Do The Right Thing was first released in 1989 and is one of Spike Lee's early works. The film is a US drama about the simmering tensions in a multi-racial community in New York that spill over into violence on a hot summer's day.
Do The Right Thing was first seen by the BBFC in May of 1989 and came with a request from the company for an 18 classification for cinema release. The viewing team were split, with two examiners in favour of 18 and one in favour of 15. Given the company's specific request for an 18 an Assistant Principal Examiner awarded the film the adult classification but informed the BBFC's Deputy Director that one colleague had suggested a 15 and that it might be useful for the film to be seen more widely for information. This hand-written note is attached and reflects the practice, still adhered to today, of ensuring that borderline films and works of note are seen as widely as possible by staff in order to encourage both internal debate and consistency of recommendations.
When the film was submitted for video release later in 1989 examiners recommended the 18 be repeated, partly for consistency with the recent cinema decision and partly because the company again requested an 18. However, one examiner did note that they recommended the 18 with certain 'misgivings'.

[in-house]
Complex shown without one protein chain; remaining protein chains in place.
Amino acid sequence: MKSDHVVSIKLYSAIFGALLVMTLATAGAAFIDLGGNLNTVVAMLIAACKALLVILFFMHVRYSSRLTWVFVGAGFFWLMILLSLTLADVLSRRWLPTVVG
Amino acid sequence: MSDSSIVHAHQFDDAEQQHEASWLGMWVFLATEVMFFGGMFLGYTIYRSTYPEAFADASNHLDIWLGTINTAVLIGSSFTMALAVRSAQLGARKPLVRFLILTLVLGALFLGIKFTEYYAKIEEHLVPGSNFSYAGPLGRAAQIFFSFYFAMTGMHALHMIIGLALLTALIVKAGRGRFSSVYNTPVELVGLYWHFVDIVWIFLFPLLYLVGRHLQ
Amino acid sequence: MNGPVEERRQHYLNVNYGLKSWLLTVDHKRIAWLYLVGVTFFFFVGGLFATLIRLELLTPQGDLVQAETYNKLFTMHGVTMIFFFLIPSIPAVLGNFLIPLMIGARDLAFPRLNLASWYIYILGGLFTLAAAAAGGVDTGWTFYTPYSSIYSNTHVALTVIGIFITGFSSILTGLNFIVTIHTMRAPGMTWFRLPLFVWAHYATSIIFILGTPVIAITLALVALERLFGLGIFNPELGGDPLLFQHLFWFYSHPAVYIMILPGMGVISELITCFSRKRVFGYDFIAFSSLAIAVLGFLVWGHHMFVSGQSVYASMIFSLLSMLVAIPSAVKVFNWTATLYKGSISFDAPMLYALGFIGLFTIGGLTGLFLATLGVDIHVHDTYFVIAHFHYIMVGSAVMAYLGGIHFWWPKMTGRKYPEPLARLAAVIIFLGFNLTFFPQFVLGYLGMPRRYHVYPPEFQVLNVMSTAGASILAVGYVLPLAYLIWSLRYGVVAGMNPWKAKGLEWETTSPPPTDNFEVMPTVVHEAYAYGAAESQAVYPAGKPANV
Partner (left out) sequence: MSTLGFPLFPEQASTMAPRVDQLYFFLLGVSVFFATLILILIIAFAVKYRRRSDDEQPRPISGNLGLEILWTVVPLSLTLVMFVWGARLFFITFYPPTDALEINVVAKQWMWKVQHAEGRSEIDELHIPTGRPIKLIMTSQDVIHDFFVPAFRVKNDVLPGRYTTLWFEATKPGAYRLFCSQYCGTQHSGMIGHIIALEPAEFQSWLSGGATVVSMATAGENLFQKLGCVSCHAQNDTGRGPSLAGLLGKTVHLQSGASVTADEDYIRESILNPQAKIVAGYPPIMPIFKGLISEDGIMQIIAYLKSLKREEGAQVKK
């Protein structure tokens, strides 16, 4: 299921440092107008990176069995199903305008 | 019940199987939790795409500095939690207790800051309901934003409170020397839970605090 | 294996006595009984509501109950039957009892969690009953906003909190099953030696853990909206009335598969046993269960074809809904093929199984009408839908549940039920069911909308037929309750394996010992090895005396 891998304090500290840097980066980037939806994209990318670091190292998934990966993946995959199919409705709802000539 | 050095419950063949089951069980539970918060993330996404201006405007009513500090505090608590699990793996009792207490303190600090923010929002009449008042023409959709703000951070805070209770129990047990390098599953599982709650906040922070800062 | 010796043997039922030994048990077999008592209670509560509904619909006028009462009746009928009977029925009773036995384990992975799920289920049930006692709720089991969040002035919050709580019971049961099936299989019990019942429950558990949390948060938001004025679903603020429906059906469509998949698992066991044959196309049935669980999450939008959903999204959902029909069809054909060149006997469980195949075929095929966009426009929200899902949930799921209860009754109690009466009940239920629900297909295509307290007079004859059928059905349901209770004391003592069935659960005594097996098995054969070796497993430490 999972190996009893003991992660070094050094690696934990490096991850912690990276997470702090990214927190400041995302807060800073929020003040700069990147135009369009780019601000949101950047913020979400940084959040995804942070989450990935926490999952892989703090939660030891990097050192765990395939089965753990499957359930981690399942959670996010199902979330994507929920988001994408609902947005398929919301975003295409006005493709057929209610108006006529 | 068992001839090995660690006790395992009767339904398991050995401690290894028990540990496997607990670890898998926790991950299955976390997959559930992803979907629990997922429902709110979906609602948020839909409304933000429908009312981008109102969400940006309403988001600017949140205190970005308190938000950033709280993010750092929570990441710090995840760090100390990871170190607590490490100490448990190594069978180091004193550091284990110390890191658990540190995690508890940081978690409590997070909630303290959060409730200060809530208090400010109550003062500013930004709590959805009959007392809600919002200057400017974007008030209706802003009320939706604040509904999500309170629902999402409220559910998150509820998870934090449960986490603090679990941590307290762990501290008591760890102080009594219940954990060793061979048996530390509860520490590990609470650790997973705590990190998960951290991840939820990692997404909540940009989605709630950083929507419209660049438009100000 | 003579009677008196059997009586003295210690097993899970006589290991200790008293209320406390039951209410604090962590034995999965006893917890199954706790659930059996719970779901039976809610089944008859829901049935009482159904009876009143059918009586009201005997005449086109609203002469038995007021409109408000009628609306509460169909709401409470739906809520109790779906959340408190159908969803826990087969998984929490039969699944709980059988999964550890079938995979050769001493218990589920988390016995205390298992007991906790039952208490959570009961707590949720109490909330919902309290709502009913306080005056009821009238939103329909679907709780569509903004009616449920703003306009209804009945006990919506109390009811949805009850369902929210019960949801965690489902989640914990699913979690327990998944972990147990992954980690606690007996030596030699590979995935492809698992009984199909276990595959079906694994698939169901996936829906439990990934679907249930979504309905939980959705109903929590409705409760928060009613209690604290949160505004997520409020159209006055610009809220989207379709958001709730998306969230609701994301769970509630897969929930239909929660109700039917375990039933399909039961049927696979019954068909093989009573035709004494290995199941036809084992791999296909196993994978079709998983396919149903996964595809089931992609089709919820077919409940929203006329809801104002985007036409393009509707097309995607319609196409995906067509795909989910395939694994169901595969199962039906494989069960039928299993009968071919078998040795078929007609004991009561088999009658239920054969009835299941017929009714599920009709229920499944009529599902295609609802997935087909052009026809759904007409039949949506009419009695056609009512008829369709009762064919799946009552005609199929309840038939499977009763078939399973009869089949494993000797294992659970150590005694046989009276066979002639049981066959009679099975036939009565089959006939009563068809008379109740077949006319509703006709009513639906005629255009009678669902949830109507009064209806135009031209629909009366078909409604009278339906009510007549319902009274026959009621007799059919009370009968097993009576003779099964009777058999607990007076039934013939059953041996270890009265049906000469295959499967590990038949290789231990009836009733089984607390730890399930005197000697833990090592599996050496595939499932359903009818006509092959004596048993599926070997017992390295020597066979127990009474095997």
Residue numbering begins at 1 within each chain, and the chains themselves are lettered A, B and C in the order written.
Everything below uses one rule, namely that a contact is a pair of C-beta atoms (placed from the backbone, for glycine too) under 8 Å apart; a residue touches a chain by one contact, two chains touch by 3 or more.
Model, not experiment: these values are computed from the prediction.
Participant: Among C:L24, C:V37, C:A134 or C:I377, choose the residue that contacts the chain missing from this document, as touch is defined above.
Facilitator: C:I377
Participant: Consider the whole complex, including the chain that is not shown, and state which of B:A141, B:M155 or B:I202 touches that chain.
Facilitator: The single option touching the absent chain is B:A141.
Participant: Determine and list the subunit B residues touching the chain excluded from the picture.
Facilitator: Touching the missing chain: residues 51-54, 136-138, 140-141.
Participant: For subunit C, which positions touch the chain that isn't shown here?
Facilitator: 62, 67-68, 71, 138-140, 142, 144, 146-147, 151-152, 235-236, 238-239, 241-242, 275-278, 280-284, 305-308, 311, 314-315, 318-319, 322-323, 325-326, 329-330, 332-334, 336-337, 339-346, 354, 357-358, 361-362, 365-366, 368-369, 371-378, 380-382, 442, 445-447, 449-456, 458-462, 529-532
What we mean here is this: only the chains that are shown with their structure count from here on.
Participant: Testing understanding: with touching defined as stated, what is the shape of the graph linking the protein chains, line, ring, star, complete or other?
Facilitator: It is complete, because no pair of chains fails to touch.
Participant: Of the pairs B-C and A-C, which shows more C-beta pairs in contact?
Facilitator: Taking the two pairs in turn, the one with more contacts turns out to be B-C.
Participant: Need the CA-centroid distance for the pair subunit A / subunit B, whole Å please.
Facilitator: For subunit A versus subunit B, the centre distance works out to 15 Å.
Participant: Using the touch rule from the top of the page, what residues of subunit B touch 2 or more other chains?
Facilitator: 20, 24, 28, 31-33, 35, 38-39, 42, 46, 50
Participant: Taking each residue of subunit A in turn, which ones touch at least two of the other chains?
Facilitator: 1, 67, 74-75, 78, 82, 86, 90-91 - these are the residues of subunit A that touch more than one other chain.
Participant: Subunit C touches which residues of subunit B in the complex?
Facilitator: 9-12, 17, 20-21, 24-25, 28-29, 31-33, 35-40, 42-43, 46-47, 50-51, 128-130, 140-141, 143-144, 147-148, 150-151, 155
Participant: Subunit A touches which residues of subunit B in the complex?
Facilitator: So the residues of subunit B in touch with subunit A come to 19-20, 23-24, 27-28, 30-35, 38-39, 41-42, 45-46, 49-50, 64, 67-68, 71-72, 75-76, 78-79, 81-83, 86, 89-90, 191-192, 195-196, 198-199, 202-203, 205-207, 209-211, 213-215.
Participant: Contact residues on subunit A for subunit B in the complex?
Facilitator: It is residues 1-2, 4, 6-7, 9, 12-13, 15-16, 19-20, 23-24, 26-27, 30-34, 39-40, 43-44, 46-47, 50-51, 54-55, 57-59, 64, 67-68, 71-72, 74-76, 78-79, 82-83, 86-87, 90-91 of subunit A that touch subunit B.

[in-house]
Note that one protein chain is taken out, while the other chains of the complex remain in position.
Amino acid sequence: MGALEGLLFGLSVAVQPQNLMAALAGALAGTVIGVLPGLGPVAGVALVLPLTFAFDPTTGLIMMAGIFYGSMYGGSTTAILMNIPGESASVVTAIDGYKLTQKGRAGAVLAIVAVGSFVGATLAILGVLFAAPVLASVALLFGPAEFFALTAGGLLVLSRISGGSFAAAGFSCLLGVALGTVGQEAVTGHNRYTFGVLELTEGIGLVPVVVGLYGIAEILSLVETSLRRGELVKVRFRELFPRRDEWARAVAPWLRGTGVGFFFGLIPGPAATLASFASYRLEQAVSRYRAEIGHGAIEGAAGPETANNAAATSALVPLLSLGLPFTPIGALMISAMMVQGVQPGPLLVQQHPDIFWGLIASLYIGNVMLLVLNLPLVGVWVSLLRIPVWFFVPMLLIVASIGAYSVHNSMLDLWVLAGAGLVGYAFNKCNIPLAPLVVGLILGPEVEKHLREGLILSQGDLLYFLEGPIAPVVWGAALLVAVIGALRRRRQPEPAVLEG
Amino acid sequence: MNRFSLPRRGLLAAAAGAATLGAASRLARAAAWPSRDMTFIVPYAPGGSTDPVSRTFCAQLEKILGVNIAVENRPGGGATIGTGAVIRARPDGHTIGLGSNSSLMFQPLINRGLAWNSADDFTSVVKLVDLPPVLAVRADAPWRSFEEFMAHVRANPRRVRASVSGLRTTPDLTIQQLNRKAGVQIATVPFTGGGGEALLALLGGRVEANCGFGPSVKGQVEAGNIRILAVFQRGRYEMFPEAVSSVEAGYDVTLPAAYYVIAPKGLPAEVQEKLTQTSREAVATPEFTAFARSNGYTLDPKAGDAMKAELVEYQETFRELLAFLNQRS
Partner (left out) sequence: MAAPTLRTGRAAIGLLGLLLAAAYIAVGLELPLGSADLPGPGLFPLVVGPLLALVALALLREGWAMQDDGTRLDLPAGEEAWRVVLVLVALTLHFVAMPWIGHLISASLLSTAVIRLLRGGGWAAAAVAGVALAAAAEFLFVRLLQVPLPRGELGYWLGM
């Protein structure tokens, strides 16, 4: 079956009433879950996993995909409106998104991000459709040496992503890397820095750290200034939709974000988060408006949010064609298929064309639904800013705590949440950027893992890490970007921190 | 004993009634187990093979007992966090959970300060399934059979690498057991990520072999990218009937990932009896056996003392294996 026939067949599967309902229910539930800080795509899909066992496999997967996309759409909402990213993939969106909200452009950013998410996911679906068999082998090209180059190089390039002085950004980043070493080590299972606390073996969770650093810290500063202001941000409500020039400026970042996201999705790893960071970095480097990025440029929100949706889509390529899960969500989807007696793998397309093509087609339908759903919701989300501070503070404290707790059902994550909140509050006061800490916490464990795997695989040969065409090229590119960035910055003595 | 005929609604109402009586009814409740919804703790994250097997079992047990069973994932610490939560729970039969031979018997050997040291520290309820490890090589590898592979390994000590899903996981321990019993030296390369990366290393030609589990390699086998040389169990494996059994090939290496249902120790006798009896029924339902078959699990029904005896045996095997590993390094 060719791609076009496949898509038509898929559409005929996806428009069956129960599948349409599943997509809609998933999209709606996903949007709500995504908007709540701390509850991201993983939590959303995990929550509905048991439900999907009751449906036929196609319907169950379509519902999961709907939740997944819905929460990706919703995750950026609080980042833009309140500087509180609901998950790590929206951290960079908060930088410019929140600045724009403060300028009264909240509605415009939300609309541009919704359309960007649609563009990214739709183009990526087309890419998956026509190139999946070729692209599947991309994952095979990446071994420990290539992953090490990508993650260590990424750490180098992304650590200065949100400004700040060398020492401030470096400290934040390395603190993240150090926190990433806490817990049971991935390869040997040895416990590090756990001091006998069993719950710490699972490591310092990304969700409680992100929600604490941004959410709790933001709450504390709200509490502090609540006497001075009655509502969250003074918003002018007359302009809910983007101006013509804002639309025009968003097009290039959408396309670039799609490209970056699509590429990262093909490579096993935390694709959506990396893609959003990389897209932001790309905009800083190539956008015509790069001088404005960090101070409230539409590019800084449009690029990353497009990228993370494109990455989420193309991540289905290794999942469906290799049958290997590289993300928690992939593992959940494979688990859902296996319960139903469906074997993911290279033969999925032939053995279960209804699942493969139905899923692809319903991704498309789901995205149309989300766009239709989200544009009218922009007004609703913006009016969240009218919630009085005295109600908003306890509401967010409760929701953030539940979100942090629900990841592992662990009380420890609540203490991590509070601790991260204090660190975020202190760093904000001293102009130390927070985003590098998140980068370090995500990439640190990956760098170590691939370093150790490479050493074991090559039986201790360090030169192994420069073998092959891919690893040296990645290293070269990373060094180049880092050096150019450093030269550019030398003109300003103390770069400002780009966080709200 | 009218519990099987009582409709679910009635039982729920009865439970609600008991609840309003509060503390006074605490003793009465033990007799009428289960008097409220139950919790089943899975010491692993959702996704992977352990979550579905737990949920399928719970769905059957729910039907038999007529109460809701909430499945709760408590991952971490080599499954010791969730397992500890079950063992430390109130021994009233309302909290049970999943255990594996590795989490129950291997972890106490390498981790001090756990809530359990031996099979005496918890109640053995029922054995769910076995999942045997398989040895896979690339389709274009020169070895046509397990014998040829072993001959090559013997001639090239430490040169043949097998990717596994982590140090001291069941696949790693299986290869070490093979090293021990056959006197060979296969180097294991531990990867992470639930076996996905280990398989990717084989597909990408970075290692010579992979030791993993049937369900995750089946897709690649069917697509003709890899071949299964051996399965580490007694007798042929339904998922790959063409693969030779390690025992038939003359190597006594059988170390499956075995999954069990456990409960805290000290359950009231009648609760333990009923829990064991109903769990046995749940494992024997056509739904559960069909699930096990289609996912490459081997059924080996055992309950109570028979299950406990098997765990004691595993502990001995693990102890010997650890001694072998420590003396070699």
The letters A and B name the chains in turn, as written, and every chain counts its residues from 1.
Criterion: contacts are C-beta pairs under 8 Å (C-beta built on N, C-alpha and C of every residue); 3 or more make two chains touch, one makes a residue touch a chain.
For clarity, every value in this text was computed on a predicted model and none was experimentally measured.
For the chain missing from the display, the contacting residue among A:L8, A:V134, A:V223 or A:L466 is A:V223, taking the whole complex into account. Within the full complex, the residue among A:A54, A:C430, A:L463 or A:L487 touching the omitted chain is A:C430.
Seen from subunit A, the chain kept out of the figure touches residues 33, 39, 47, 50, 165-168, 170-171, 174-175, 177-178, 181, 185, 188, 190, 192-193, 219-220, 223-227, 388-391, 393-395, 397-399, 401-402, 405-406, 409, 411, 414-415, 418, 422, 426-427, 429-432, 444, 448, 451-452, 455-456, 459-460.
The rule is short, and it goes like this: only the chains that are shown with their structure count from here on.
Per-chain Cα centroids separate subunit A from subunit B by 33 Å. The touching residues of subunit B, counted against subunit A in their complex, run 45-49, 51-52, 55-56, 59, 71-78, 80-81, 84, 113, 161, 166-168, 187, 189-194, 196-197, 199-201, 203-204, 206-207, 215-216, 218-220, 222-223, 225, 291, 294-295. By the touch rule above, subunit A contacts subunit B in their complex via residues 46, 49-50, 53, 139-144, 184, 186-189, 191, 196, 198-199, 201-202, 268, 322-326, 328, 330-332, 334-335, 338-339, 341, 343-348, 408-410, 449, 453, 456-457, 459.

In 2001 an audio commentary version and a 'closed captions' version were viewed for DVD release, although the BBFC was not asked to view the film itself again. At the time BBFC policy was to retain existing classifications for such submissions and the 18 was simply maintained.
In 2015 the film was submitted for a digital cinema re-release. The examiner suggested that the film was appropriately placed at 15 under current Guidelines. The policy at the time, was that repeating the original 18 would be out of line with current and recent practice. Nowadays the BBFC's policy is to revise classifications when films are resubmitted if the existing category is no longer reasonable or defensible.
The BBFC reviews its Guidelines by way of large-scale public consultation every 4 to 5 years, allowing the BBFC to stay up to date with cultural shifts and changes in public attitudes towards specific classification issues, including discrimination.
The BBFCinsight issued in 2015 notes 'strong language, racist language, nudity, strong violence'.